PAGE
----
Tuesday, April 28, 2015

The Good Shepherd: I got my baby sheep!

Fr. Michael Denk
Gospel JN 10:1118

Jesus said:
“I am the good shepherd.
A good shepherd lays down his life for the sheep.
A hired man, who is not a shepherd
and whose sheep are not his own,
sees a wolf coming and leaves the sheep and runs away,
and the wolf catches and scatters them.
This is because he works for pay and has no concern for the sheep.
I am the good shepherd,
and I know mine and mine know me,
just as the Father knows me and I know the Father;
and I will lay down my life for the sheep.
I have other sheep that do not belong to this fold.
These also I must lead, and they will hear my voice,
and there will be one flock, one shepherd.
This is why the Father loves me,
because I lay down my life in order to take it up again.
No one takes it from me, but I lay it down on my own.
I have power to lay it down, and power to take it up again.
This command I have received from my Father.”

Last week we had our open house at the parish. Some of you may have been there or may have heard about it.

Fr. Martello is retiring, so the bishop will be giving us a new pastor. Whenever that is going to happen, the diocese sends someone out to hear the voices of the people. That’s what happened here last week. I wasn’t allowed in the room so that you could all speak freely, but I know there were a lot of different reactions.

I know there’s a lot of passion and that you’ve expressed a lot of love for Fr. Martello and for me. I know, too, there’s a little bit of fear. There’s a little bit of fear for me, too. “What’s going to happen when Fr.Martello leaves?” “ Am I going to be the pastor?” “Who is the bishop going to send us to be pastor?” Many people have said to me over the years -- and to other priests as well -- “We wish we could keep you here forever” and, believe me, I wish I could stay here forever. I love Amherst. Sometimes, though, as we heard Jesus say in today’s gospel reading, “I have other sheep to whom I must go,” and sometimes the shepherd does have to go to these other sheep.

We’ve all been experiencing a range of emotions. We go through this anytime we have to deal with
change. Fr. Martello, after four months of being in the nursing home, finally decided that the best thing for the parish would be for him to retire. He’s been having a tough time with that decision, too, so I thought I’d give him a homecoming gift. He wouldn’t let me have a dog, even though I’ve been wanting a dog forever, so I decided to get him this other gift. Her name is Peanut. Fr. Martello hasn’t seen her yet; you’re going to get to meet her first.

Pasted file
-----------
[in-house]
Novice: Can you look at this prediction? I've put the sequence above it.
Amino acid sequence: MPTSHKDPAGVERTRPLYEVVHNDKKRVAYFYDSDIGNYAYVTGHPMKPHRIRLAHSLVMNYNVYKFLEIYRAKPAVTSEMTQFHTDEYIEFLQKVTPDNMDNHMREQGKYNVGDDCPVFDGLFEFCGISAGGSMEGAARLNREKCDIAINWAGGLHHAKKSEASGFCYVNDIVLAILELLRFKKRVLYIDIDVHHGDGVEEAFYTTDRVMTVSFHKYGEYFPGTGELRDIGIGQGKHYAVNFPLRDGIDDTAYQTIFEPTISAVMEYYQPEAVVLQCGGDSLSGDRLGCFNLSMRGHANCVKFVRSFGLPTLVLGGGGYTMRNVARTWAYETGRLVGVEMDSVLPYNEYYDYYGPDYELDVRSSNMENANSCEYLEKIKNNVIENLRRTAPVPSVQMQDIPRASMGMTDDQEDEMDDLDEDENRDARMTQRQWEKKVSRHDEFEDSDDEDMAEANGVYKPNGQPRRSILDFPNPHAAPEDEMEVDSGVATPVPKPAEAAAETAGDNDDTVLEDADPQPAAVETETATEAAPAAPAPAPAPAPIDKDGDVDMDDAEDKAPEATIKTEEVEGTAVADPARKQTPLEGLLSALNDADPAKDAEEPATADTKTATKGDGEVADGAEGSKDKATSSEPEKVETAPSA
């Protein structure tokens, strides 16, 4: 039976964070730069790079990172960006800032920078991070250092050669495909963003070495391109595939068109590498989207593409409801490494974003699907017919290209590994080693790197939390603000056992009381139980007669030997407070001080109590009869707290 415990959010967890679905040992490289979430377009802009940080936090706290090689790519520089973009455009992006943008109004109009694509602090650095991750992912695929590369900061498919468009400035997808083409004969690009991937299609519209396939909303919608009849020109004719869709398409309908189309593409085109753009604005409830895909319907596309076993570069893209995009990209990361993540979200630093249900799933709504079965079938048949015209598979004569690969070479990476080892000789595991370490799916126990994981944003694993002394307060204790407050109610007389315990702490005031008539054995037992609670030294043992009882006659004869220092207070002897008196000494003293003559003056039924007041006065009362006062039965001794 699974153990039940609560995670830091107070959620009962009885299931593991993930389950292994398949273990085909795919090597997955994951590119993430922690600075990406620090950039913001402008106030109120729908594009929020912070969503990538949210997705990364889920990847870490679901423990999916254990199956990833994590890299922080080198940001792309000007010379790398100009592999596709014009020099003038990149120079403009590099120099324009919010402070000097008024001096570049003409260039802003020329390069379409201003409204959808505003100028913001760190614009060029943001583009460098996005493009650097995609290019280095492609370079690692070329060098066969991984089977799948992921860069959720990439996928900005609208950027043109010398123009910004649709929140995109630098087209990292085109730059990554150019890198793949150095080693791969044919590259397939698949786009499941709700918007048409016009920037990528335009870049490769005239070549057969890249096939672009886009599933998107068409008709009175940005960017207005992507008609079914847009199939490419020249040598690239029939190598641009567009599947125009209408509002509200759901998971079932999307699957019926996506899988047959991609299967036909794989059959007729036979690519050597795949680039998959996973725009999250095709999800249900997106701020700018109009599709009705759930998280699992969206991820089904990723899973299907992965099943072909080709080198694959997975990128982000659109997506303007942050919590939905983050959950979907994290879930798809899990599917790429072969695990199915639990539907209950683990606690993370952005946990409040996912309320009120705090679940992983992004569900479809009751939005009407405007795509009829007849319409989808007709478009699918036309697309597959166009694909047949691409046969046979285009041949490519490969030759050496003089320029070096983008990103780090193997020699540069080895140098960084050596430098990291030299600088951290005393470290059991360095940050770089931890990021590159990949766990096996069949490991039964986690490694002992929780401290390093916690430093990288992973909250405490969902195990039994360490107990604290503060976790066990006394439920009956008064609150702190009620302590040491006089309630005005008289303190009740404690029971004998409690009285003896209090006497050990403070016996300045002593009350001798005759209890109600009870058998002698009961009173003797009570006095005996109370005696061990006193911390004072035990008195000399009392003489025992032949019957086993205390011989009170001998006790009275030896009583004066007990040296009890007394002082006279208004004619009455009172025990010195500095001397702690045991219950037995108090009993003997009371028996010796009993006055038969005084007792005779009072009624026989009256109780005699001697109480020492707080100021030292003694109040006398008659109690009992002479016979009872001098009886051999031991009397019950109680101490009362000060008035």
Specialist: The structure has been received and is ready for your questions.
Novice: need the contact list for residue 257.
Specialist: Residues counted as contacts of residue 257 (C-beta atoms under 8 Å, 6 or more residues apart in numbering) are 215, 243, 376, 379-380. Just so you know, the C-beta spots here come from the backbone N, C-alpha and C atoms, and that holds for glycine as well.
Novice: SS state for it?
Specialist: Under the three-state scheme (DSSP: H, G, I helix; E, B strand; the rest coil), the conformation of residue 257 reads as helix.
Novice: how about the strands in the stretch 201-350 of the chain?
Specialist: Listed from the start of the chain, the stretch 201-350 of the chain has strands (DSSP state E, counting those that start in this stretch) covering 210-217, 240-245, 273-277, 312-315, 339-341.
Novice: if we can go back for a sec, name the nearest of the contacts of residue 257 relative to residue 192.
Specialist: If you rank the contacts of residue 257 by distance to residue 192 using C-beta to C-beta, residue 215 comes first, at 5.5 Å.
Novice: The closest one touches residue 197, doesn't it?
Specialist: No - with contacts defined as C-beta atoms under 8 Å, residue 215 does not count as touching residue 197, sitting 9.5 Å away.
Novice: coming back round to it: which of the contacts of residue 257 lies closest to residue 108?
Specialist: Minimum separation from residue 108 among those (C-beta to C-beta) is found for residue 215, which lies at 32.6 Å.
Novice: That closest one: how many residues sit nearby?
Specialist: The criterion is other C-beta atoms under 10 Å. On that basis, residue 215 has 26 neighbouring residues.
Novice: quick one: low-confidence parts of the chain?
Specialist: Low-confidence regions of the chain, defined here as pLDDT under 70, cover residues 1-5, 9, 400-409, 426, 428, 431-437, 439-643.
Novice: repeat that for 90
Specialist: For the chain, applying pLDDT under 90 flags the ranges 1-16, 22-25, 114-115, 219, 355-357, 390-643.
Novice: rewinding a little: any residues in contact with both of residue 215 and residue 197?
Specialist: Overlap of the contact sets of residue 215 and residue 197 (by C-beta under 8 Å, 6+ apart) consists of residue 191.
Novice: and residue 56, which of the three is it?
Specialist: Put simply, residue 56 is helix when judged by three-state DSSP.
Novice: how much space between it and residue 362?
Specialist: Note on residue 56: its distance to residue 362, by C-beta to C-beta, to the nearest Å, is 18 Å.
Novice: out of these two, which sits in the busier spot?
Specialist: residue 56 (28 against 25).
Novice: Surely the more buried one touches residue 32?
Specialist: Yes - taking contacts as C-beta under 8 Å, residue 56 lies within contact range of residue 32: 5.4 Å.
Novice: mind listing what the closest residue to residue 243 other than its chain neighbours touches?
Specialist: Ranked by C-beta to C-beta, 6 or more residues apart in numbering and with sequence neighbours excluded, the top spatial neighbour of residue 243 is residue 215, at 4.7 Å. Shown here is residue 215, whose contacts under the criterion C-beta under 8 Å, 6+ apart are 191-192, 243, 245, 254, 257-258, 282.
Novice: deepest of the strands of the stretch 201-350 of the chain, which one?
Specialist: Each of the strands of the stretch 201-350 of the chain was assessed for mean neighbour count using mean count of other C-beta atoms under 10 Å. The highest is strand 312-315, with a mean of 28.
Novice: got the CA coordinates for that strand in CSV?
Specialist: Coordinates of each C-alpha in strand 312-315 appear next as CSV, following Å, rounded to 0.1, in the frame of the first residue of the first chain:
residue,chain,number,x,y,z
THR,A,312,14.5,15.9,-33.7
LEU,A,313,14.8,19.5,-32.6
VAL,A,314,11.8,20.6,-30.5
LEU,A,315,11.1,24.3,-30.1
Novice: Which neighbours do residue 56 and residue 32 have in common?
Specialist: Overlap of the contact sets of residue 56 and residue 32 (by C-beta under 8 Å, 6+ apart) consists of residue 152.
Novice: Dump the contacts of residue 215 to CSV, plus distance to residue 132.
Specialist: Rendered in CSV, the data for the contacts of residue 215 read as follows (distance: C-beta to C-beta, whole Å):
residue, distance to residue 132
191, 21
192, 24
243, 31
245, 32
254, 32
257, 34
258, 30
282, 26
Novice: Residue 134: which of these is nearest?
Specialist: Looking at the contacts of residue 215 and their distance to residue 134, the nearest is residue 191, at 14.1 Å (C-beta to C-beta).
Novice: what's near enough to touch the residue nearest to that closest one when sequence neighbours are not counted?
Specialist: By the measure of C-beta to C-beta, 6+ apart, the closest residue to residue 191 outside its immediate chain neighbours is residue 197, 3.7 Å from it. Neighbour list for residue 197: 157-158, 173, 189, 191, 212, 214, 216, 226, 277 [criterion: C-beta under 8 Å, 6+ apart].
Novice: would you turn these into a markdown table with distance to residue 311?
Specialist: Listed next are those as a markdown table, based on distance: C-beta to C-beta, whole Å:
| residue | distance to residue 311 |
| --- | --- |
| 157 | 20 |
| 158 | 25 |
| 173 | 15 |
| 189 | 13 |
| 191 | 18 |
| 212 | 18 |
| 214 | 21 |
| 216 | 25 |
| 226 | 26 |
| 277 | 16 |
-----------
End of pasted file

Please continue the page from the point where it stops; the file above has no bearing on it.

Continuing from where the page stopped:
This is Peanut [a sheep]. Do you think Fr. Martello is going to like her? As I said, he wouldn’t let me have a dog, so I posted on Facebook that I wanted to get a sheep. Someone said, “You know, Father, normally people ask to borrow a cup of sugar, but you’re asking to borrow a sheep!”

I really wanted to get a sheep for my last Good Shepherd homily here. They’re a beautiful image for us. They’re a little bit timid and a little bit afraid. (By the way, I just met this sheep right before Mass.) The good thing is that shepherds have a way of getting to know their sheep. They do. This sheep, Peanut, for instance -- you can see we’re going to get along, right?

What I love about it, too, is that the sheep is often held around the shepherd’s neck. What is so cool
about it is that I can feel the warm breath of this sheep on my head. It’s really, really soft. It’s like a pillow on me right now. Another thing -- if I listen very closely, I can hear the sheep’s heart beating. It really is amazing how close a shepherd is to his sheep. I believe Jesus gave us this image of the Good Shepherd so we can realize how close He is to us.

Boys and girls, you’re going to be receiving holy communion for the first time. You’ll be receiving Jesus into you. He’s not only going to be close to you like this sheep is close to me, but He’s going to be in you.

You’re always going to have the Good Shepherd with you.

We sometimes have to go through difficult times. We’ve gone through changes of shepherds -- changes of pastors -- but the truth is, Jesus is our Good Shepherd. He knows us. He knows what we need. He’s so close to us, He can feel our breathe. He can hear our hearts beat. He can smell us. Pope Francis says a priest is supposed to smell like His sheep, and I’m doing that today. This sheep does smell a little bit.

That’s how close the Good Shepherd is to us, and He’s never going to abandon us. Priests may come and go in our lives, but the Good Shepherd will never abandon us. Trust in this image. Trust that God is this close to you. He feels your breath; He feels your softness. He can feel your heart beat. He knows your innermost thoughts. Above all, He delights and loves to hold you, to walk with you, and to be with you through any dark valley.

 So it’s great trust we put in our Good Shepherd.


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